Guidance for banks on marijuana and the Bank Secrecy Act was issued in 2014 by the Department of the Treasury’s Financial Crimes Enforcement Network. The Act is designed to prevent money laundering, and banks can, in theory, work with cannabis businesses if complying with anti-laundering laws. Under these guidelines, the reporting necessary for any marijuana business – including notifying the feds of cash that smells like pot – are so onerous that very few banks are willing to take the risk. Should a marijuana enterprise try to skirt the rules by operating via a shell company, it is considered money laundering. Marijuana businesses that attempt to use another business’ merchant account would be engaging in credit card factoring, another illegal activity.
Since credit card processing and banks are so intimately connected, no bank access means no credit card payments for retailers. The major credit card companies expressly forbid the use of their cards for pot purchases.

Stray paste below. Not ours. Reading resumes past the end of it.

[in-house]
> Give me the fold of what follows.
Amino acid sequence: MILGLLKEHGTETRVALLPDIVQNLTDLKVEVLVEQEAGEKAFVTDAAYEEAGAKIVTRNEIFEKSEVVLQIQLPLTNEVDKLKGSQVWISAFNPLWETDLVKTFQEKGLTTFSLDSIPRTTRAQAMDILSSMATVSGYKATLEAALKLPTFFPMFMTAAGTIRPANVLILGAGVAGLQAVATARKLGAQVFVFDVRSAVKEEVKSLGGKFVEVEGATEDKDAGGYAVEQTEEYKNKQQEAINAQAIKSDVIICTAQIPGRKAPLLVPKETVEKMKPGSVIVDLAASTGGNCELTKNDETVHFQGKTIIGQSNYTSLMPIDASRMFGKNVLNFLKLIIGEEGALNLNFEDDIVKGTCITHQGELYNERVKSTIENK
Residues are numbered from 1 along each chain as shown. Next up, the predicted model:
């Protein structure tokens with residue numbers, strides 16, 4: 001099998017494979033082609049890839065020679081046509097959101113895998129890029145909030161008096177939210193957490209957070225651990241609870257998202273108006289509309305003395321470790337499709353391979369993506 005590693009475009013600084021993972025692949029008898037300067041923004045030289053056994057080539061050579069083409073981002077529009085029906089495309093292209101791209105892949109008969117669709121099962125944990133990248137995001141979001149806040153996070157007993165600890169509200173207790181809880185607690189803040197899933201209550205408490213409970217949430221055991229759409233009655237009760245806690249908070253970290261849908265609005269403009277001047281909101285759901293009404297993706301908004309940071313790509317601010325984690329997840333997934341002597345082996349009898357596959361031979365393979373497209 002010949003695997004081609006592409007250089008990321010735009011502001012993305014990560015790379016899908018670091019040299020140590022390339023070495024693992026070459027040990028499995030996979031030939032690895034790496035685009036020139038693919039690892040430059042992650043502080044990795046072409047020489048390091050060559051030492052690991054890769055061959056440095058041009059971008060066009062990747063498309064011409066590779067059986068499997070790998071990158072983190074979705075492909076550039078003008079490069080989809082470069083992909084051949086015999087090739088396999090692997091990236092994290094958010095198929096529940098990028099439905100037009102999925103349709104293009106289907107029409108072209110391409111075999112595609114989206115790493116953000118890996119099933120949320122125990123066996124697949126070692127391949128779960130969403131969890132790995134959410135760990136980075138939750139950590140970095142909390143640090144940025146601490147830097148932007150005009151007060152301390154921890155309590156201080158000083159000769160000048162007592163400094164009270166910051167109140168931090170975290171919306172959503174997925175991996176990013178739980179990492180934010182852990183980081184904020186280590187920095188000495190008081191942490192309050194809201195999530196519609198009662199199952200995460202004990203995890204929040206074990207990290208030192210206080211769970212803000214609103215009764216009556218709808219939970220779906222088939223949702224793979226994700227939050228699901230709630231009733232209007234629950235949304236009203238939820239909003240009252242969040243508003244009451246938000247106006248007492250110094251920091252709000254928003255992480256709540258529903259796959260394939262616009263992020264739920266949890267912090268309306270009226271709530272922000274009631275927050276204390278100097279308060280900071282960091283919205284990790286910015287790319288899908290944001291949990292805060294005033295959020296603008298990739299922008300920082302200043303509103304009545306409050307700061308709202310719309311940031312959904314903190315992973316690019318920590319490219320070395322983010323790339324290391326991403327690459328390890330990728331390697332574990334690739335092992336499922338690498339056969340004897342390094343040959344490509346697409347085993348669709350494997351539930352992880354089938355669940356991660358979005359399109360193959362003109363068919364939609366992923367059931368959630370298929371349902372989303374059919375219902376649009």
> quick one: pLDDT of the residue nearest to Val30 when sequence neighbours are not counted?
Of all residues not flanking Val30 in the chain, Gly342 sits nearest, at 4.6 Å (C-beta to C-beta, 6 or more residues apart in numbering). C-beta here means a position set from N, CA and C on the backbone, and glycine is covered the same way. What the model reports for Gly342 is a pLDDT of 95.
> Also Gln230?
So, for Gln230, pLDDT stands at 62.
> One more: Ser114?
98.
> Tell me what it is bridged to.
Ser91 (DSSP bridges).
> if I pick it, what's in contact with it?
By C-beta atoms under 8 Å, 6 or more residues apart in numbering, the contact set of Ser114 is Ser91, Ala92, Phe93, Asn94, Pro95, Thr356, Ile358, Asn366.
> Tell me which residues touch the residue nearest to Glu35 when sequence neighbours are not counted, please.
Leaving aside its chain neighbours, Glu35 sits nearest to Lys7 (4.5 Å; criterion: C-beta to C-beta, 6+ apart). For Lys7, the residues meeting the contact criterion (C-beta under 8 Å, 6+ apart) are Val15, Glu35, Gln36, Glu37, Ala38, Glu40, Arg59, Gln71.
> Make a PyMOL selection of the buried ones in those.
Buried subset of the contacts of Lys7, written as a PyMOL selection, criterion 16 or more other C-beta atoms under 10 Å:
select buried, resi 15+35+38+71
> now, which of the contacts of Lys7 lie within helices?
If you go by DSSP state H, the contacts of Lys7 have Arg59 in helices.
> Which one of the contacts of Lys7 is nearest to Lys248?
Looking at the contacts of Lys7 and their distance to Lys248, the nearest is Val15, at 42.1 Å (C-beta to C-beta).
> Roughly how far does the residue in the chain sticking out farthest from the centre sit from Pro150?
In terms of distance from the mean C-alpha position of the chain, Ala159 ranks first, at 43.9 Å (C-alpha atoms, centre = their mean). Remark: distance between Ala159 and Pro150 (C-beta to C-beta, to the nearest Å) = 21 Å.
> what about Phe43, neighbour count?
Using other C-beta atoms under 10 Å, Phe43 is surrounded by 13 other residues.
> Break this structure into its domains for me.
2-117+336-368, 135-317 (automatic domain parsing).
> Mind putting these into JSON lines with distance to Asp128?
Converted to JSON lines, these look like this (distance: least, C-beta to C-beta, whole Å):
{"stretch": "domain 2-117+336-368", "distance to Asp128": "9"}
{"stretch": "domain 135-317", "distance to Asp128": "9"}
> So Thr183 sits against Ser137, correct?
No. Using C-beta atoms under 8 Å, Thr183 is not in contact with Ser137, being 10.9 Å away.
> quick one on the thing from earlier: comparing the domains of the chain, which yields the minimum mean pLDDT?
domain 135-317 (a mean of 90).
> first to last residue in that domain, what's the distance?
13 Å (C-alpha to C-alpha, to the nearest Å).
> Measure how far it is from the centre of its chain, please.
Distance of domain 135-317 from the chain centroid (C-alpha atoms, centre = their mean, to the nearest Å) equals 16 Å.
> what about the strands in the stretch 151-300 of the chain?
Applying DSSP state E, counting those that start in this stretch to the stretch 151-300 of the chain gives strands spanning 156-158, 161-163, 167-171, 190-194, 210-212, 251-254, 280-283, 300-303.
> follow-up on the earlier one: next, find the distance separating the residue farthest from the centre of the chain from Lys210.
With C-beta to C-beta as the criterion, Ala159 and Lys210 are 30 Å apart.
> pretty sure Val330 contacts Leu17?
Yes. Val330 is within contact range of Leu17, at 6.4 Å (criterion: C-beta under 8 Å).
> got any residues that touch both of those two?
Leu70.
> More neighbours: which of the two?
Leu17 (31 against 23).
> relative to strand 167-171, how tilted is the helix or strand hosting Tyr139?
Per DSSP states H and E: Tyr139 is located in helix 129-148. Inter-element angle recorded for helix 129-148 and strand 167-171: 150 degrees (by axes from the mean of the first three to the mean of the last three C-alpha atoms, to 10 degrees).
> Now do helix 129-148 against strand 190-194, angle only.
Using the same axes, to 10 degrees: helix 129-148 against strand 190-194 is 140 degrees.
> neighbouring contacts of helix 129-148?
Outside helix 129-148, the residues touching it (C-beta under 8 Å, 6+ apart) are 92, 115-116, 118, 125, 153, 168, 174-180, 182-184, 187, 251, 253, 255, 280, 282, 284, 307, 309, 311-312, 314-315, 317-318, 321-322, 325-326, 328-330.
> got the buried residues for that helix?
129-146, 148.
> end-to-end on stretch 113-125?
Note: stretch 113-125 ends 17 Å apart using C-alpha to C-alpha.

Credit Card Factoring
Credit card factoring is the use of a merchant account that was set up for a different business. It’s illegal to use a merchant account for anything other than the original stated purpose, even if the transactions would otherwise be legal. For example, if you start a clothing store and open a merchant account for that store, you cannot allow your friend’s auto repair shop to use your merchant account to accept credit cards.
Businesses that attempt to use another business’ merchant account may try to do so for scam purposes or because their own business is not able to get a merchant account.
Related Article: Understanding Credit Card Factoring.
Startups Fill the Gap - Sort Of
Credit card processors and banks can’t deal with marijuana businesses, but startups are helping to bridge the gap. Tokken, a mobile payment option for pot buyers, allows clients to link to their bank account or credit or debit card and simply hit the “Pay” button on the app to purchase pot. According to the website, CEO Lamine Zarrad decided to start the company after “noticing inefficiencies while working as a bank regulator in Colorado.”